Alcohol poisoning transports increase

Alcohol poisoning transports increase!
By Alexandra Fileccia / Beacon Correspondent
February 16, 2012 at 2:27 am

A freshman stumbles into the lobby of Piano Row one October night, too drunk to know much of what is going on. She just wants to sleep.

As she is about to pass out, a concerned resident assistant spots her and calls for help. Hours later, the student — who spoke on the condition of anonimity — woke up in the hospital with a sense of fear and little recollection of last night’s events. “Honestly, I don’t remember leaving the party. I just remember waking up in the hospital,” the student said.

The student was one of the 14 on-campus residents in the fall of 2011 semester hospitalized for heavy drinking. Over the past three years, the number of students transported to the hospital due to intoxication has increased, according to David Haden, associate dean and director of housing and residence life. Haden said according to statistics, in fall of 2009, there were six hospital transports, and 11 in the fall of 2010.

According to Haden, the rise is due to the increase in the number of students living on campus. In fall of 2009, the Paramount was not yet open, nor was the third floor of the Colonial, said Haden.

Out of the 14 hospital transports in fall of 2011, the statistics show 10 of the transported students were granted medical amnesty, a policy that the college offers to students who seek help when someone may be in danger because of an alcohol or other drug violation.

“I do believe the Medical Amnesty policy has encouraged students to seek help for themselves and their friends,” Haden said, “The majority of the students who were transported in fall 2011 were covered by the Medical Amnesty policy.”

Under this policy, according to the Emerson College 2011-2012 Undergraduate Student Handbook, students who seek medical help for themselves or others will not face a disciplinary fine or disciplinary probation, and the student who had medical assistance sought for them will also not face said consequences. However, the parents will still be notified and the student will be referred to meet with the Counseling Center and a wellness educator.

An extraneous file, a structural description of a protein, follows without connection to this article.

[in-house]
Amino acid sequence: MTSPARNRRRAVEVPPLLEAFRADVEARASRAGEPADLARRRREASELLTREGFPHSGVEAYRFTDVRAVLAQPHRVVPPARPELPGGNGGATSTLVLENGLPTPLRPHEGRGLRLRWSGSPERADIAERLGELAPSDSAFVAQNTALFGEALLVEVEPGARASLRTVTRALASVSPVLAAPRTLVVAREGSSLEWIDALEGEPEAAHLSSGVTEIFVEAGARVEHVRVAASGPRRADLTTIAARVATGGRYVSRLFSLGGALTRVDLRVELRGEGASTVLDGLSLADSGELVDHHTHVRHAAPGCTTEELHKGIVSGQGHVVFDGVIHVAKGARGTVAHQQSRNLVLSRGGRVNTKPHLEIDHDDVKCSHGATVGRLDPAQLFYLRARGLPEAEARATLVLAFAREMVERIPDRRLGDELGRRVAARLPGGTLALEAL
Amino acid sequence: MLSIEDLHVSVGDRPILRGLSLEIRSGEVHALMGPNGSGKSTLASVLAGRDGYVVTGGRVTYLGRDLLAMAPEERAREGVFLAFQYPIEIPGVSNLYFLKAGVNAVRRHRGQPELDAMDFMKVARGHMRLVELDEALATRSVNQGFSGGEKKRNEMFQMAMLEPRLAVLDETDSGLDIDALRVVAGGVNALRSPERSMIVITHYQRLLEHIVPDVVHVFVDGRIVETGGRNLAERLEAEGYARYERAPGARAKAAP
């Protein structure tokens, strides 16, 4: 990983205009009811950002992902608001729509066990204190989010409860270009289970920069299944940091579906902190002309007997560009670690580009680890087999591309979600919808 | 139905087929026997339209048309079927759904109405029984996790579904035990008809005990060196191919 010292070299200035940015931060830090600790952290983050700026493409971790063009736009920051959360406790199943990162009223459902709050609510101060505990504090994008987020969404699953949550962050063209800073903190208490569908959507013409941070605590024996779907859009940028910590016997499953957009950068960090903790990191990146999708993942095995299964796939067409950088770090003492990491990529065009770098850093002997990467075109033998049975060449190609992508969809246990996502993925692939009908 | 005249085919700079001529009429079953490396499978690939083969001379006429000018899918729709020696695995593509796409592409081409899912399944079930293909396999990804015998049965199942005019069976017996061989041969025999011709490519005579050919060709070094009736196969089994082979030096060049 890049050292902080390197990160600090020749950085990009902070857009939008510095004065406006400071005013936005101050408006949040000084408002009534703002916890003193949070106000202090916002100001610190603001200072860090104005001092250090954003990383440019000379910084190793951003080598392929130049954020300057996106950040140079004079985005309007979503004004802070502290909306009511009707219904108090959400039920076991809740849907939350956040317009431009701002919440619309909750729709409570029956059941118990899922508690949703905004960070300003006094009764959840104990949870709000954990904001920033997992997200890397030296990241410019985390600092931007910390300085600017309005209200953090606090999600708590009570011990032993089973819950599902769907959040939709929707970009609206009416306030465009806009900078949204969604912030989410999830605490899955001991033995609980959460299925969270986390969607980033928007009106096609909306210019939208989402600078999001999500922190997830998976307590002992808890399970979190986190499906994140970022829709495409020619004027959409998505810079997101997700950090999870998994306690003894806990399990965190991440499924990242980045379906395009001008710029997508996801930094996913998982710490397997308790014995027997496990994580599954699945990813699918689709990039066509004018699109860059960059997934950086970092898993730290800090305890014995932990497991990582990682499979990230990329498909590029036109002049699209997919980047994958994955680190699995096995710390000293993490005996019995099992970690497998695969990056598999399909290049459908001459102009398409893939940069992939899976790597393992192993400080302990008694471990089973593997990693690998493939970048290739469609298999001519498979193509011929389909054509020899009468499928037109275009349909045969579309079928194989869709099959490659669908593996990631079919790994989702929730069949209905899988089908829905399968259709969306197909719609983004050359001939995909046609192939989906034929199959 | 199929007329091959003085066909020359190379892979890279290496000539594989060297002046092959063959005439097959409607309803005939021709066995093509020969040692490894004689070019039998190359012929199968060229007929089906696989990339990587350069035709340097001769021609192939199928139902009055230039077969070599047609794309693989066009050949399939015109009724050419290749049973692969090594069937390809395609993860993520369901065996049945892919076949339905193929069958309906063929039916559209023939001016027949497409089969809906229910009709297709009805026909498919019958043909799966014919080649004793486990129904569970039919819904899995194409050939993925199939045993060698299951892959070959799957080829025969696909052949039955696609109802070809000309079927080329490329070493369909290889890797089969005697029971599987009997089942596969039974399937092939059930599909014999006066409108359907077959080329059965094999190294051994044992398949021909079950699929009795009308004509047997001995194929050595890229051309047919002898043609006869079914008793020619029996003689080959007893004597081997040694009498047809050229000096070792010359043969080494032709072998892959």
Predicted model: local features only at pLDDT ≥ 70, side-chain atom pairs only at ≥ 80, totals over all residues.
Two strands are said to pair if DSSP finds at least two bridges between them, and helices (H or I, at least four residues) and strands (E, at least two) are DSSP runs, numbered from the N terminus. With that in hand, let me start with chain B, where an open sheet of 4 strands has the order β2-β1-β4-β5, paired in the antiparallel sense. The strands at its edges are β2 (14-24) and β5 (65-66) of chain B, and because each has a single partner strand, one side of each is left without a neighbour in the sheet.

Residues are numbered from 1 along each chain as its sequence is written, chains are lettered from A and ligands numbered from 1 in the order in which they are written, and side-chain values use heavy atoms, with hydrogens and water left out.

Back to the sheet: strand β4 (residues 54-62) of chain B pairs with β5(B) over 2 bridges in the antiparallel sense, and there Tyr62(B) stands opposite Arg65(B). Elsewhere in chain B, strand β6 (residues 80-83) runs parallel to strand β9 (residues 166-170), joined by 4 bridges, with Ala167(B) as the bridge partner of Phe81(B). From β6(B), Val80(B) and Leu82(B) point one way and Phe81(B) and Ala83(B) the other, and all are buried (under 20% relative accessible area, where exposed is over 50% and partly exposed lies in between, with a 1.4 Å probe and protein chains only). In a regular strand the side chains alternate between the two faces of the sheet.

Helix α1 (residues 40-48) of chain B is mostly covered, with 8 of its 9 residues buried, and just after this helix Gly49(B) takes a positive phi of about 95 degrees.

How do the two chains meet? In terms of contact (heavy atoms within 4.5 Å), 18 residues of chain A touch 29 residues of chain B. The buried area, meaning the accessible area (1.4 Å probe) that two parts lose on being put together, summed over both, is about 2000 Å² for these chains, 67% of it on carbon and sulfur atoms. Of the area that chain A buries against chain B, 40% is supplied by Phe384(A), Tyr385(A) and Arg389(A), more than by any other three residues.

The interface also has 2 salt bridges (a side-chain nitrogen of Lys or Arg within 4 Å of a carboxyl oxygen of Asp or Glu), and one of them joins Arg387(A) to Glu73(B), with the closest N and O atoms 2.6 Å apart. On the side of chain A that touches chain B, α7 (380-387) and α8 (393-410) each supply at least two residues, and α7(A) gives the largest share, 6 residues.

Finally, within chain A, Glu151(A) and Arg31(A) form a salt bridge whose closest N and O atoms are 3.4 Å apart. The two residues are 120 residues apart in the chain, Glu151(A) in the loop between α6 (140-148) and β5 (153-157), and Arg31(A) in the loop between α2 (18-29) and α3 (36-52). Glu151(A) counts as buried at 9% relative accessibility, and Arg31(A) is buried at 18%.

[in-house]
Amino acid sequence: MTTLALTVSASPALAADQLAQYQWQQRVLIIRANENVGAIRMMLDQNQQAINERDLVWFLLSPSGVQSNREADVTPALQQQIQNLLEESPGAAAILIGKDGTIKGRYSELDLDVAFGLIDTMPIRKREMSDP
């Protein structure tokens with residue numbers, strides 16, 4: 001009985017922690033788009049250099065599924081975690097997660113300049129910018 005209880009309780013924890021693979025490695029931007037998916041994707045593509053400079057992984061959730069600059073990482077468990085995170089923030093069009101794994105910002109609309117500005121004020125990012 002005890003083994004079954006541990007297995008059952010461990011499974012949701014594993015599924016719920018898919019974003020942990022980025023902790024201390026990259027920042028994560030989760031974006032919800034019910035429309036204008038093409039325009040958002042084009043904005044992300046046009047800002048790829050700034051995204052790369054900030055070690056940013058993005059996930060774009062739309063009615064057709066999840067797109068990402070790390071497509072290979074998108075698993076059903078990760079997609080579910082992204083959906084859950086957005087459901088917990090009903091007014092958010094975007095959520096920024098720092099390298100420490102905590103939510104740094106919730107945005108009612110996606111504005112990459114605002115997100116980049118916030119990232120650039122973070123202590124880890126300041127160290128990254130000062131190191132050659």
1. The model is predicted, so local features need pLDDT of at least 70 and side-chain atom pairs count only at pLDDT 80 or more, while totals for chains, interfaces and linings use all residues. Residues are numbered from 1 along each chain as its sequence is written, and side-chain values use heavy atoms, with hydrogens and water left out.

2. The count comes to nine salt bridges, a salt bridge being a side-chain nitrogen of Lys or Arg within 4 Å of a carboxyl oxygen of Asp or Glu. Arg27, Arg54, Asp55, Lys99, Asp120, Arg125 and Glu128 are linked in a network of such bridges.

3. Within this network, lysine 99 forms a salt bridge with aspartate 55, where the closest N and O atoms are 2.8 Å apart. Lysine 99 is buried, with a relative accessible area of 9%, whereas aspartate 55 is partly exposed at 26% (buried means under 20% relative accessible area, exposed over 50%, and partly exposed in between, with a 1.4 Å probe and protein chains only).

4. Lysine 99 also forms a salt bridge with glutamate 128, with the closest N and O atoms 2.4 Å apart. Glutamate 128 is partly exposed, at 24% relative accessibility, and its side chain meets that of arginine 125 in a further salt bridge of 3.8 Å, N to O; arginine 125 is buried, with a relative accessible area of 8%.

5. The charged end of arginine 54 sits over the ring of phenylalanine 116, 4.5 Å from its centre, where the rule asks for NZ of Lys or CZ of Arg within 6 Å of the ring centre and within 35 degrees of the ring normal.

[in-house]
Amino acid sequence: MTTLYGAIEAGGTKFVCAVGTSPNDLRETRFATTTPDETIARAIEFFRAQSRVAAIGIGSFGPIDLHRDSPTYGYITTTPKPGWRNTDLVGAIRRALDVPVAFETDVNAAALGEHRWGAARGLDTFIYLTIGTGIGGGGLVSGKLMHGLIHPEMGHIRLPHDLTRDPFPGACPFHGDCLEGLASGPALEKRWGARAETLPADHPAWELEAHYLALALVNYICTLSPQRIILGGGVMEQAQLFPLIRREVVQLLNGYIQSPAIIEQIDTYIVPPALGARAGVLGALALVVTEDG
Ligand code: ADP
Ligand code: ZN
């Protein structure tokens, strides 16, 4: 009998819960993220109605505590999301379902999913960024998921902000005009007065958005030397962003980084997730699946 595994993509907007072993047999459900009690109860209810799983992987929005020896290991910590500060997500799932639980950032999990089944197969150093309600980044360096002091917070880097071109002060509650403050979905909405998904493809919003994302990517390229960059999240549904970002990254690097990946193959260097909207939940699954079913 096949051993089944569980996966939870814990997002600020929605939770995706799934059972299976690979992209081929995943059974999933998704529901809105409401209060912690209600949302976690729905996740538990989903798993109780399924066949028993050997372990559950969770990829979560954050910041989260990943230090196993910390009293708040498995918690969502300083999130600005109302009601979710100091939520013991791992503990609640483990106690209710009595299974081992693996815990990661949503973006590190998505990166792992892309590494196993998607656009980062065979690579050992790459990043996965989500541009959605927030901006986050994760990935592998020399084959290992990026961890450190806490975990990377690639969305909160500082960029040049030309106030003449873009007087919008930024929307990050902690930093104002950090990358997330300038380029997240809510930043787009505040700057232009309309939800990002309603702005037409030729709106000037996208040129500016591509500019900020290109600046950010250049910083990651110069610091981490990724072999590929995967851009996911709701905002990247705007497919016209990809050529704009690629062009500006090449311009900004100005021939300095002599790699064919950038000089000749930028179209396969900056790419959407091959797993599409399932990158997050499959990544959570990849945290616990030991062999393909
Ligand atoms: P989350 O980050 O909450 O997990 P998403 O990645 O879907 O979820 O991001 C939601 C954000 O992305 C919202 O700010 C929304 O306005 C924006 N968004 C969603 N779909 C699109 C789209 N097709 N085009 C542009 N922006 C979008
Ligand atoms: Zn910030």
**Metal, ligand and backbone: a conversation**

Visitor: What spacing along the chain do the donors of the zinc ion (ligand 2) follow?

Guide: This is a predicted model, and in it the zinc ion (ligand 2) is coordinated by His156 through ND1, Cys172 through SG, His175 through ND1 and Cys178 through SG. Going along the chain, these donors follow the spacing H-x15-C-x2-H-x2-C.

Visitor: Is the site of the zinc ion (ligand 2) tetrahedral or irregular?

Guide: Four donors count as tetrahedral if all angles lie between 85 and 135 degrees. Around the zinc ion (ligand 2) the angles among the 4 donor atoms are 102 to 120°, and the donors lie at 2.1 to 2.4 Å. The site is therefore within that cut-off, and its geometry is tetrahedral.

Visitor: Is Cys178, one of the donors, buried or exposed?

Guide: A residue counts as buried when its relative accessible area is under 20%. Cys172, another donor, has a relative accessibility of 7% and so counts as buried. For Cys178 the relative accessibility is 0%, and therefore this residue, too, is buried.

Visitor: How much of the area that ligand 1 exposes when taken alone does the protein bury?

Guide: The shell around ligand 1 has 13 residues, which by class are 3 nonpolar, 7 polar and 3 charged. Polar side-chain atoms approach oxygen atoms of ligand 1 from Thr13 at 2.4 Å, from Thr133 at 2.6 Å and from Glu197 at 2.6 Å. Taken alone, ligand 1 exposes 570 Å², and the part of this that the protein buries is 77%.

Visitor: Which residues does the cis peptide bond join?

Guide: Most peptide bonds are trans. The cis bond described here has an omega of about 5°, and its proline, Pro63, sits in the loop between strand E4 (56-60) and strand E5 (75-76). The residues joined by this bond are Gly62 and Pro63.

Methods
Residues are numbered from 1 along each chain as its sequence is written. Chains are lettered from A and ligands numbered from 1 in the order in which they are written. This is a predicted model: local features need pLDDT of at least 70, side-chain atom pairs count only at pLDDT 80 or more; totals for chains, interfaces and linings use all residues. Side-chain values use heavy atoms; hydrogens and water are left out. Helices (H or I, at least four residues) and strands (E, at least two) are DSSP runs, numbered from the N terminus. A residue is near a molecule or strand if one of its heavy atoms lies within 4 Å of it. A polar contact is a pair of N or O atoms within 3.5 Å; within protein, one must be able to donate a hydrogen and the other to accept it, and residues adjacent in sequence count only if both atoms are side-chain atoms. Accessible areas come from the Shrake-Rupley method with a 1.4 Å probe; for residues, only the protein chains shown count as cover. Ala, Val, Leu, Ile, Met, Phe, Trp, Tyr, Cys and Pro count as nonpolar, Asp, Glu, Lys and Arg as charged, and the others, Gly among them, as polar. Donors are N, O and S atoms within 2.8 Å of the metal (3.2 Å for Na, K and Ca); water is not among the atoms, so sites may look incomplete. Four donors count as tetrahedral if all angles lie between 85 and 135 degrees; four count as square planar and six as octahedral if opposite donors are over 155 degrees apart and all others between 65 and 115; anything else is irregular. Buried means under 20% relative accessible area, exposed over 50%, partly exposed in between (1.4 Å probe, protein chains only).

If the Medical Amnesty policy does not apply to the situation, the first violation will result in a censure, which is “a written warning placed in the student’s file,” noting that the student has violated the college policy. There will also be a required $50 fine, an Alcohol and Other Drug educational assignment, and a parent notification. Repeated violations will increase the degree of consequences.

The anonymous student said she was just going out to have a good time with some friends– a couple of drinks here and there. She said she did not drink alcohol with the intention of getting drunk.

“I made a mistake and learned from it,” the student said.

The Center for Health and Wellness offers two programs for students who have been involved with alcohol and who wish to seek help or information about alcohol use. The program CHOICES, started in 2006, is a two-hour course that helps students understand the risks of alcohol and its effect on college life. The other program, eCHECKUP—an adaptation of an older program that was new to campus in fall of 2011—is an online assessment of alcohol knowledge in addition to a one-on-one meeting with, Christopher Chernicki, the coordinator of Wellness Education.

“If you are educated about the risks involved in a situation, you are generally better equipped to make safer and healthier decisions,” said Chernicki.
According to Scott Bornstein, deputy chief of the Emerson College Police Department, student intoxication and alcohol poisoning is a problem that every college faces. Bornstein said he believes that the increase in hospital transports is not only due to the Medical Amnesty program, but also because Resident Assistants and security have been better trained in noticing and reacting to intoxicated related illnesses.

“When you are intoxicated, you become less aware,” said Bornstein, “you are more susceptible to become a victim.”

The deputy chief noted that this is a major safety issue when living on an urban campus.

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